A Hologram for the King

A Hologram for the King,
by Dave Eggers, is a postmodern novel whose tone and style bears
resemblance to other contemporary writers such as David Foster Wallace,
Michael Chabon, Jennifer Egan, Richard Powers and Neil Gaiman
(Wikipedia, http://en.wikipedia.org/wiki/Postmodern_literature). The
enormous desert spaces and accompanying sense of loneliness and
alienation echo scenes from The Wind-Up Bird Chronicles by Haruki
Murakami. Water and well-like imagery are remarkable similar. At the same time, Egger's book is reminiscent of the work
of older authors such as Samuel Beckett (Waiting for Godot) and Arthur Miller (Death of a Salesman).

The narrator in A Hologram for the King is 54-year-old
Alan Clay.  Adam was once an executive at the Schwinn Bicycle Company
when it was based in Chicago.  He helped the company outsource its
manufacturing to China, ultimately putting
Schwinn out of business.  Unwittingly, Alan outsourced himself out of a
job.  His father, a World War II vet and former factory worker, never
forgives him for undercutting the union.

When the book
opens, we find Alan in Saudi Arabia with three young assistants from
Reliant Corporation.  His job is to get the IT contract for a city still
in its planning stage.  The King Abdullah Economic City (KAEC) is just
being built and its condominiums stand empty.  The three techies have
set up equipment in a vast tent in order to present a hologram of their
vision for this city of the future.
The only problem is that King
Abdullah, for whom the presentation is intended, fails to show up day
after day.  He seems to be out of the country and no one knows when he
will return. With their wi-fi signal weak, there is nothing for the
three assistants to do.  The tent is poorly air conditioned and food for
the team is not forthcoming.  Outside they are surrounded by blistering
desert heat. The ennui is almost palpable.

The stark, lonely surroundings mirror Alan's inner state of
mind.  He has had a messy divorce from a woman described as cruel and
unbalanced.  Alan has lost nearly everything.  His home is in
foreclosure.  He cannot pay the college tuition for his only daughter,
Kit. His one hope, like that of Willie Loman, is to make this one great
sale.  If Reliant is awarded the IT contract for KAEC, Alan's commission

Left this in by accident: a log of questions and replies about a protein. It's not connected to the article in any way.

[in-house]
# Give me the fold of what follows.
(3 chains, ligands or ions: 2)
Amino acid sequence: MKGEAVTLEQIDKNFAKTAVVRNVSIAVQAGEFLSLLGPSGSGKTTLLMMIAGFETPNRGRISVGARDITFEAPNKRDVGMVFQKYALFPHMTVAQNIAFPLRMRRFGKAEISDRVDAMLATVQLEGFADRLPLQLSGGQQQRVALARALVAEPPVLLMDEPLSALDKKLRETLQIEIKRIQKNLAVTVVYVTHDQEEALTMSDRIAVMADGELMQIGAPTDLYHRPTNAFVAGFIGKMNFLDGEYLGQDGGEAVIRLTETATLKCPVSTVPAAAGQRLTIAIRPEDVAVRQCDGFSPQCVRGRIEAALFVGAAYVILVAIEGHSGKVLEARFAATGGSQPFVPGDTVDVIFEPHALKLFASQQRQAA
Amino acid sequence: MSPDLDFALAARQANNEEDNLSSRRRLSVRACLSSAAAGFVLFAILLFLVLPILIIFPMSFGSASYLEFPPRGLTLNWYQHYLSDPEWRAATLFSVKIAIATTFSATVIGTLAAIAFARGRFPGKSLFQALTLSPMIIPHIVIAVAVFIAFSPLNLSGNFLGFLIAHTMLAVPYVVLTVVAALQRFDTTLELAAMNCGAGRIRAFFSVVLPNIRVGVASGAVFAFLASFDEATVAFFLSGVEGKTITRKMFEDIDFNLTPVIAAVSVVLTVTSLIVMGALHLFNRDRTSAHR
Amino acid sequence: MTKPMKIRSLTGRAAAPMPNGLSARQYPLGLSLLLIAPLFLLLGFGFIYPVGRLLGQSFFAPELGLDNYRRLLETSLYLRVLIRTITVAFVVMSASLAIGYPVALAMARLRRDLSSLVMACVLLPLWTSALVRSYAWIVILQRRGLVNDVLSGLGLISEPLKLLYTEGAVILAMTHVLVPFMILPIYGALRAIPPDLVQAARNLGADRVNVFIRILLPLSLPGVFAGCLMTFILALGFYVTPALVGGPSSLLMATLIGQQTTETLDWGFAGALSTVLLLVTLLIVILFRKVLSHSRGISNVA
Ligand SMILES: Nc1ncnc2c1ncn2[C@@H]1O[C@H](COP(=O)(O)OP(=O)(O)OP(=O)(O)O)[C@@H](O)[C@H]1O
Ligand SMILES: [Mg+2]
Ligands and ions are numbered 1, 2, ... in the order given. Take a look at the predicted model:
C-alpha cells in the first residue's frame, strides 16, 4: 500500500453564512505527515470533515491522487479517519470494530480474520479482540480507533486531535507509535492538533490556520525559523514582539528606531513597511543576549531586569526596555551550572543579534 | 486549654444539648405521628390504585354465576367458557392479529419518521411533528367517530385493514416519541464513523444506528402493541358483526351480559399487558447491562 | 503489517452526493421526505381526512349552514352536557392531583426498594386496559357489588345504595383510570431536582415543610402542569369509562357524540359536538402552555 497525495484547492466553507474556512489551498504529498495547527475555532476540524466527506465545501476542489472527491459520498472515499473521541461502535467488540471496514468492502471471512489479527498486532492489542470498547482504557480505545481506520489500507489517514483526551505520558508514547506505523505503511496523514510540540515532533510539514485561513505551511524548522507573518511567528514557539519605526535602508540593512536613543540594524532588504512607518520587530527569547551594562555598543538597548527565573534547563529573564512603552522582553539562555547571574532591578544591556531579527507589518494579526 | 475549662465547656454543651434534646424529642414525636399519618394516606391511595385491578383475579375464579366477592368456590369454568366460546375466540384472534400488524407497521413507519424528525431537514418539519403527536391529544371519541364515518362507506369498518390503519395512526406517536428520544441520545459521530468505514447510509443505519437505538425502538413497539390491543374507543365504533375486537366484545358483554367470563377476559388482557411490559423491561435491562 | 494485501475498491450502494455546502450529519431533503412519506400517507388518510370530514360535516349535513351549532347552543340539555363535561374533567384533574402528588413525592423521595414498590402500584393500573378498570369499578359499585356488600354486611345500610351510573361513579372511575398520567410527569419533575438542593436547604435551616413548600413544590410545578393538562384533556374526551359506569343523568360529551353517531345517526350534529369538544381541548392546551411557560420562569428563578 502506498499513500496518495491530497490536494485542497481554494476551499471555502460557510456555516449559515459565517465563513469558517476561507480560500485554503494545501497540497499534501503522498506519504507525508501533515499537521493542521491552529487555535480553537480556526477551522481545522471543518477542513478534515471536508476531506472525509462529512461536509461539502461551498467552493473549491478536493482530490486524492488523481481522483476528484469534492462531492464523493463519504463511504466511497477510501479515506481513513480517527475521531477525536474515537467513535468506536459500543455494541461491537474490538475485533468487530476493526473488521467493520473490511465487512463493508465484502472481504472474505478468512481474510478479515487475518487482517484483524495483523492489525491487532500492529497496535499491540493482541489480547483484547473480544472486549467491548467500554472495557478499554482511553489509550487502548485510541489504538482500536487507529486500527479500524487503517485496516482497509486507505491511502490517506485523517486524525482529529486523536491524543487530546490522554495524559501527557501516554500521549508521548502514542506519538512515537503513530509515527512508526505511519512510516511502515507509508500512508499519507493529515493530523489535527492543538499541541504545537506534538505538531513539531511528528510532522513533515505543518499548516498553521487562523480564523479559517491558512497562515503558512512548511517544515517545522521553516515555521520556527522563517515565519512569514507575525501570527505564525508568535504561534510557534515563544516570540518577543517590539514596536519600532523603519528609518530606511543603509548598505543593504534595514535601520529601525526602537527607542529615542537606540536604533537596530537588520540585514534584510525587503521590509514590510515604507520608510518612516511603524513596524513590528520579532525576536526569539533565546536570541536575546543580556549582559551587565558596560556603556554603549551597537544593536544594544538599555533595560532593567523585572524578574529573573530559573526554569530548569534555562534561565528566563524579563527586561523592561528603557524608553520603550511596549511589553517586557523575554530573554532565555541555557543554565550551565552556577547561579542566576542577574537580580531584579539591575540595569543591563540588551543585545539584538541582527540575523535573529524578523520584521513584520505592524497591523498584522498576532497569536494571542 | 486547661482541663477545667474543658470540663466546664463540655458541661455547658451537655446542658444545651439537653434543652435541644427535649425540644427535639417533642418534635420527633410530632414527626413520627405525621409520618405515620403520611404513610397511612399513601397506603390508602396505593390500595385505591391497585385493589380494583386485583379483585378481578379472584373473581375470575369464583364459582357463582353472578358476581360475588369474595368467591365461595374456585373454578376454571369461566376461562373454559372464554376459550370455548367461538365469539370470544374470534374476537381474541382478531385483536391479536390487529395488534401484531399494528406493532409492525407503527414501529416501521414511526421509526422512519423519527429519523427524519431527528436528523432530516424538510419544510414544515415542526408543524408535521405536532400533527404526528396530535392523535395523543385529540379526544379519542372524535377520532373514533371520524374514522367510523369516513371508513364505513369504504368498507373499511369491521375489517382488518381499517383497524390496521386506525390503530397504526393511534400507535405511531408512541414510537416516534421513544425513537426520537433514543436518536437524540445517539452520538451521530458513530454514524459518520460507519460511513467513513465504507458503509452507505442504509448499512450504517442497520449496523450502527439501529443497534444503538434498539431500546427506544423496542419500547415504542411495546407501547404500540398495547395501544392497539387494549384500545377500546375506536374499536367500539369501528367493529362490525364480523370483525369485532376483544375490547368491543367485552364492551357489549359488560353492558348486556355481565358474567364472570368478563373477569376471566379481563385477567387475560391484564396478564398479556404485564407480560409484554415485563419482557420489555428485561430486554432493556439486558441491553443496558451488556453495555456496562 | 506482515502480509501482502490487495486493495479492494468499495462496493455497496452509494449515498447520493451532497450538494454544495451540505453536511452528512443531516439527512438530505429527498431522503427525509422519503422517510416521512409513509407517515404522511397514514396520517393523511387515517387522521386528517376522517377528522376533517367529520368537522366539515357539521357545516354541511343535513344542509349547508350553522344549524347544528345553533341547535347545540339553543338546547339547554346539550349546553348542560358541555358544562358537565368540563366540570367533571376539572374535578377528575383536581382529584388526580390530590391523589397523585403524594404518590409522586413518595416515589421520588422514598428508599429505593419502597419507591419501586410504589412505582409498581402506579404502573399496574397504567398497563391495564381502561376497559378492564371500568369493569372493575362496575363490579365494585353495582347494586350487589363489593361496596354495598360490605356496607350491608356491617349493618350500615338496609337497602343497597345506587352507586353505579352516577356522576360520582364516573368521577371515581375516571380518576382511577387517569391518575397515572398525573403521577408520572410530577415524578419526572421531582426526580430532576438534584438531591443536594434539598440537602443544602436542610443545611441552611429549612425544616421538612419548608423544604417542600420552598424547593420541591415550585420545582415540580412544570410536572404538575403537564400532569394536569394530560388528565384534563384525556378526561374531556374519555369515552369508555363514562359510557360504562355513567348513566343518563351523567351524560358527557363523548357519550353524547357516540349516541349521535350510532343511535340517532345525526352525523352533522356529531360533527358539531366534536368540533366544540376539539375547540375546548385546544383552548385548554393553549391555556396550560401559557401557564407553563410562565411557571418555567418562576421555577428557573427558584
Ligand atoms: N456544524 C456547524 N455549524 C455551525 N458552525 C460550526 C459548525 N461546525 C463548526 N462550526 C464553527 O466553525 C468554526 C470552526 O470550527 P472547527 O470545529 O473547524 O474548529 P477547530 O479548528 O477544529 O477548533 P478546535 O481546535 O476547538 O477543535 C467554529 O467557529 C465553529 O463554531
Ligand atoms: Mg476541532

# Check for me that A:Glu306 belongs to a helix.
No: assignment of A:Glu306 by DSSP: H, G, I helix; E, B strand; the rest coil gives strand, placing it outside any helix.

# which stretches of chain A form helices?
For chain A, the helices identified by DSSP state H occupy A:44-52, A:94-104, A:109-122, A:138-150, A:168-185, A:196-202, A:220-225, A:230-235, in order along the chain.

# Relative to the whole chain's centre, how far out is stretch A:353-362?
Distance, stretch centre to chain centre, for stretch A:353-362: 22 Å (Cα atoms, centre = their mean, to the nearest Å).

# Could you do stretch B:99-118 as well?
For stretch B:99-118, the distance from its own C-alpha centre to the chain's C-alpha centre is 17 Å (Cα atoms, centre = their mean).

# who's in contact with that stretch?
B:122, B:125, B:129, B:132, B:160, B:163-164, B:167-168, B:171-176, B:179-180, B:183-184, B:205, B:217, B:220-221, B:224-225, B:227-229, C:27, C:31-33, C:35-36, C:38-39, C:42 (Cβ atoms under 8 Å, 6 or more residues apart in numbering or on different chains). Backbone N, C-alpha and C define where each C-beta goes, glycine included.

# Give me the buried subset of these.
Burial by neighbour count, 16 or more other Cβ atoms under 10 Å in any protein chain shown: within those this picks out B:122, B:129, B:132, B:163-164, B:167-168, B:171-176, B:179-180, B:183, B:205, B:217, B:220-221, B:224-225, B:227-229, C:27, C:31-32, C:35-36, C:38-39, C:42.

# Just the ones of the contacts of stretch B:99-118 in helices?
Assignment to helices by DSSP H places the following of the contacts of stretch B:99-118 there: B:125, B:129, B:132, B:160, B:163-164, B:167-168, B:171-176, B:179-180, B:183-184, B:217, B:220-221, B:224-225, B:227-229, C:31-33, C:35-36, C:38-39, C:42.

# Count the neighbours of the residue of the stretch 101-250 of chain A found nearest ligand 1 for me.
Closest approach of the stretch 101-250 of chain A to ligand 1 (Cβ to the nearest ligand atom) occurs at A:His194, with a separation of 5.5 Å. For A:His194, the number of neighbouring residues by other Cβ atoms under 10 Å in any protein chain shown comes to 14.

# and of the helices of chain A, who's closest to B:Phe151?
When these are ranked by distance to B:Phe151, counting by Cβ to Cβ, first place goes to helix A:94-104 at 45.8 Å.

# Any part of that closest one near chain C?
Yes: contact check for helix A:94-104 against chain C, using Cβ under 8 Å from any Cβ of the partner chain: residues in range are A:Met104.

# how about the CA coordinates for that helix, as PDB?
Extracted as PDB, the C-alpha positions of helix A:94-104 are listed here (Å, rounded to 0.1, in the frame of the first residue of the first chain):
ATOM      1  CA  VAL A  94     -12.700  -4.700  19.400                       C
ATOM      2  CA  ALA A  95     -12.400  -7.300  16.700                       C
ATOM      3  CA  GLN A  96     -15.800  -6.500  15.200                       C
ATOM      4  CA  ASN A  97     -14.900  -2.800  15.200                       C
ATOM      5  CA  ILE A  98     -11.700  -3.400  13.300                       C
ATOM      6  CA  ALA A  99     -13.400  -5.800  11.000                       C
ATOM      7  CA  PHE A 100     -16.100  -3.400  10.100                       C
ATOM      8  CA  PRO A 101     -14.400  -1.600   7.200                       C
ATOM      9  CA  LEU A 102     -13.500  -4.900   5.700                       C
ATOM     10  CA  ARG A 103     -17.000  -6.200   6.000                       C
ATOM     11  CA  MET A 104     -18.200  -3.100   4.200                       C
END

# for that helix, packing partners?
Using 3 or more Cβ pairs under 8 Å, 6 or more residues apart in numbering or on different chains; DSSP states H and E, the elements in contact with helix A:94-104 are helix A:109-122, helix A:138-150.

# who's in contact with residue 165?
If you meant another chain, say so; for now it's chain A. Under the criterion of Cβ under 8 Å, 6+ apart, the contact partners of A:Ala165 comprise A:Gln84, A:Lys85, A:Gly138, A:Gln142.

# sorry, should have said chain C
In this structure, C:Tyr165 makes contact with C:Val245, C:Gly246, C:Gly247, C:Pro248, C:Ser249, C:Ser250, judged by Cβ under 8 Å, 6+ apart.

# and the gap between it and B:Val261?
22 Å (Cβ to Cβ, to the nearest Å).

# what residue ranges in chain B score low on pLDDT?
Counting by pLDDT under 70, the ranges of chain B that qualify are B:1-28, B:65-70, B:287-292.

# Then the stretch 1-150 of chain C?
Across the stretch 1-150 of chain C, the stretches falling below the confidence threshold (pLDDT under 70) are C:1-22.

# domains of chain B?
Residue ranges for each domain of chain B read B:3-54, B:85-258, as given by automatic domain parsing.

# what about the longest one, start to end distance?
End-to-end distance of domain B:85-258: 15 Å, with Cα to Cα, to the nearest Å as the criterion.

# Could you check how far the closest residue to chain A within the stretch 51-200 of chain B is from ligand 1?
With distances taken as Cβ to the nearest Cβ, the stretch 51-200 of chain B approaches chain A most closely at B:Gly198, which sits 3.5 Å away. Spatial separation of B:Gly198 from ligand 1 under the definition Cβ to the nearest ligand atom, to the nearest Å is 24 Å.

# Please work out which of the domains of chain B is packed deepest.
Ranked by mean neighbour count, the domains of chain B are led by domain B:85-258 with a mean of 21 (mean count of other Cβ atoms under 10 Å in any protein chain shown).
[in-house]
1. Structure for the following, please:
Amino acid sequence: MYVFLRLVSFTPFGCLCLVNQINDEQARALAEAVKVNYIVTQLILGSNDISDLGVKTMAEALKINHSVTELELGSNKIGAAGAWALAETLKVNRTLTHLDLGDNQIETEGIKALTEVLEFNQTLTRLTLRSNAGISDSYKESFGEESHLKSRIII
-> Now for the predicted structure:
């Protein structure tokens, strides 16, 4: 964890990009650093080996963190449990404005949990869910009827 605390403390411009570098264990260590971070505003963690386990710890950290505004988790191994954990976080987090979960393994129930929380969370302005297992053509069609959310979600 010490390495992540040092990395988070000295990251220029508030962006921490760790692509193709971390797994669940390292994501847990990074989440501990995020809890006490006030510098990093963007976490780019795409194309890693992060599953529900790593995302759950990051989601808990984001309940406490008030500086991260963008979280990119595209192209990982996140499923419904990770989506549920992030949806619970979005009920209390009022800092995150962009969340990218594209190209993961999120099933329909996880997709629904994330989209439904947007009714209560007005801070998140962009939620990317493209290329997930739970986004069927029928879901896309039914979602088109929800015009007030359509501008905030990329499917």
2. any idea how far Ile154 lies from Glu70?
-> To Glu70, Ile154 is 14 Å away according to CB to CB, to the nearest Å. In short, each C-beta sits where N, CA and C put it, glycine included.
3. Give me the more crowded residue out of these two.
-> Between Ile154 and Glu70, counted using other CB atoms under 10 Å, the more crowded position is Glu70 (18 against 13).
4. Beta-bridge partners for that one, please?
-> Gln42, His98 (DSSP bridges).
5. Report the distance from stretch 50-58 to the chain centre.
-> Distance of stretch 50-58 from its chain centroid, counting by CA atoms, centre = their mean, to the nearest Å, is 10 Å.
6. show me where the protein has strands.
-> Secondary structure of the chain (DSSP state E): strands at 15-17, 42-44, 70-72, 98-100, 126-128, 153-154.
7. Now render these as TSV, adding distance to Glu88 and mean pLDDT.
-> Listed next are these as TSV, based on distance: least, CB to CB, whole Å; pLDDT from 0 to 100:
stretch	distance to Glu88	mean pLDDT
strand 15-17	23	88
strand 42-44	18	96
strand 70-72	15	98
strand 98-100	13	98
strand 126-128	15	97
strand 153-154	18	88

will be in the six figures and his problems will be solved.  

wanted to believe that this kind of thing, a city rising from dust,
could happen. The architectural renderings he'd seen were magnificent.
Gleaming towers, tree-lined public spaces and promenades, a series of
canals allowing commuters to get almost anywhere by boat. The city was
futuristic and romantic, but also practical.  It could be made with
extant technology and a lot of money, but money Abdullah certainly had.

(p. 39)

Throughout the book, Alan recalls the suicide of
his neighbor.  The scene of the neighbor, newly converted to
Transcendentalism, stepping into a pond haunts both Alan and the
reader.  Alan keeps replaying the scene in his mind.  It took the man
hours to fully immerse and no one tried to stop him or call the police.
When the police were summoned, they acted only when it was too late.

What is Eggers saying here about our society?  That the neighbor
believing, as did Emerson, in self-reliance, gives in to despair? What
do the reactions of the bystanders--including Alan--mean?  Why did
everyone go about their business as if nothing was happening?

Alan's sense of ineptitude (displayed through his sexual
impotence) is increased by his lack of control in KAEC, Saudi Arabia.
Failure and regret dog him.  But Alan, despite his many doubts and
previous failures, continues to have hope for the future.  It is this
optomism that distinguishes him from Willie Loman.  Is Alan a symbol of
American capitalism itself?  As Pico Iyer concludes in his eloquent

Eggers has developed an exceptional gift for
opening up the lives of others so as to offer the story of globalism as
it develops and, simultaneously, to unfold a much more archetypal tale
of struggle and loneliness and drift.  Public and private explorations
come together, and as this groundbreaking writer grows wiser and deeper
and more melancholy, evolving from telling his own stories to voicing
America's, he might be asking us how we can bring the best parts of our
past into a planetary future.

(New York Times Book Review, July 22, 2012)

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